The landscape turned out to be even more spectacular than I’d expected. The first day and a half consisted of a steep knee crunching descent of over 5,000 feet to reach the river Rangeet, which separates modern West Bengal from Sikkim. Crossing the river, the footbridge that I had looked at so many times in my grandfather’s album was still there, spanning the glacial water. I used the photocopied notes and photographs that I carried with me to help navigate my way into the Himalayan foothills. After following the river upstream for a few miles, I finally entered Sikkim on 4 April 2009.
Over the next three days I covered more than 50 miles on foot, ascending and descending a few thousand feet each day to cross the concertina of ridges that define the southern area of Sikkim. As I passed through every hill pass, I could see, less than 30 miles away, the magnificent massif of Mount Khangchendzonga and the other snow-capped ranges than separate India from the Tibetan plateau.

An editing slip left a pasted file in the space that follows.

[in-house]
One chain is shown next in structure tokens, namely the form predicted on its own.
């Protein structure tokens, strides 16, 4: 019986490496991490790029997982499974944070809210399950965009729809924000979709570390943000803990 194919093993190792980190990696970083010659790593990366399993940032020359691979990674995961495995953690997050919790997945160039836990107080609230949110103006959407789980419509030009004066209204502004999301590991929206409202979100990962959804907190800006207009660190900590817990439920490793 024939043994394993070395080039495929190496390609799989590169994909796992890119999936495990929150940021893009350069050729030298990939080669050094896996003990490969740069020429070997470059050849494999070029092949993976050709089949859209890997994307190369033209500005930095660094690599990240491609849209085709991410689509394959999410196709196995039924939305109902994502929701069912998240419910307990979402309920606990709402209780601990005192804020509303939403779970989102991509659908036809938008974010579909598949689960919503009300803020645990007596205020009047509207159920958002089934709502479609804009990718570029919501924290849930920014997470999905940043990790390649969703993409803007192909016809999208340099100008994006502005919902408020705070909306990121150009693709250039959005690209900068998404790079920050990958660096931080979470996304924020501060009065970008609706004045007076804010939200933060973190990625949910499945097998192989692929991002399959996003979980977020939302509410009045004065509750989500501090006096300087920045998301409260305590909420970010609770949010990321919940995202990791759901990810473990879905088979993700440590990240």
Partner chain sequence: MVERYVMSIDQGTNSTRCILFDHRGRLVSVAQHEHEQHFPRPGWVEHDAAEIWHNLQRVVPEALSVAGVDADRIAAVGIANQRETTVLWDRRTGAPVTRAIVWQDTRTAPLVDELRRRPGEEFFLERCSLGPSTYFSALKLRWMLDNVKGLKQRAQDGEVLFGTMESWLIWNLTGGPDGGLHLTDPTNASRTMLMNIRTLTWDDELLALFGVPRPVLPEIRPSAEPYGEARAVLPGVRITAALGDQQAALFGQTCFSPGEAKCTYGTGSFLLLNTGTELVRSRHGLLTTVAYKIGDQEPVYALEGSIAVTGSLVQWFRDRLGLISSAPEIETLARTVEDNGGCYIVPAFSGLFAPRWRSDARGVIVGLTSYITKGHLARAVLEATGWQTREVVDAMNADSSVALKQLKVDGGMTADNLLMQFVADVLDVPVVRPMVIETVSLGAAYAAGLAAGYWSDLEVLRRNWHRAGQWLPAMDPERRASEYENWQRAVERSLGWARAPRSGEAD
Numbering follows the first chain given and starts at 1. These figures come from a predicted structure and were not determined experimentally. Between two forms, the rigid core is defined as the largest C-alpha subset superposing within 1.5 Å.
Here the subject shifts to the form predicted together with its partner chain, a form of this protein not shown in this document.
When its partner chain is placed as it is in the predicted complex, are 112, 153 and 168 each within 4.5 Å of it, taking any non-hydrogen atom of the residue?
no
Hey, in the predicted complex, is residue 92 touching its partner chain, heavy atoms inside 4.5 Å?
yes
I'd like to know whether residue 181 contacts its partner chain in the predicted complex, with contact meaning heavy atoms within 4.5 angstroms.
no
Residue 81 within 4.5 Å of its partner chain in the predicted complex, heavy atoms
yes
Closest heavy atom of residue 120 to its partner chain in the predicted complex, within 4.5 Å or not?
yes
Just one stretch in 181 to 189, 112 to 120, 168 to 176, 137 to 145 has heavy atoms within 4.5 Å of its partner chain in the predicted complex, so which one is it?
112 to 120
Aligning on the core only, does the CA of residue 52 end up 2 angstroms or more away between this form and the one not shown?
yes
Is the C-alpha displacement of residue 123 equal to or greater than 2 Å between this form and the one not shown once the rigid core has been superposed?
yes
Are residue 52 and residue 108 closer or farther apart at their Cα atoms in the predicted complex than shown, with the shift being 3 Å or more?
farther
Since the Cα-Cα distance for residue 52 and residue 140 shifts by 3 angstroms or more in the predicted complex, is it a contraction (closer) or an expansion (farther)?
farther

It was hard not to feel a sense of destiny as I retraced my grandfather’s footsteps from 87 years before. At times the challenging terrain almost defeated me. His party had numbered more than 20 (including all the porters). They had even taken a pony – my grandfather had made an aside that ‘it is a help in climbing to hang on to the pony’s tail if someone else is riding’. As I zigzagged up steep slopes by myself, I could understand what he meant.
Finally, as dusk fell on the fifth day, I walked high along the side of the Kulhait Valley, climbing up the steep road to the hilltop monastery of Pemayangtse, and my meeting with the monk.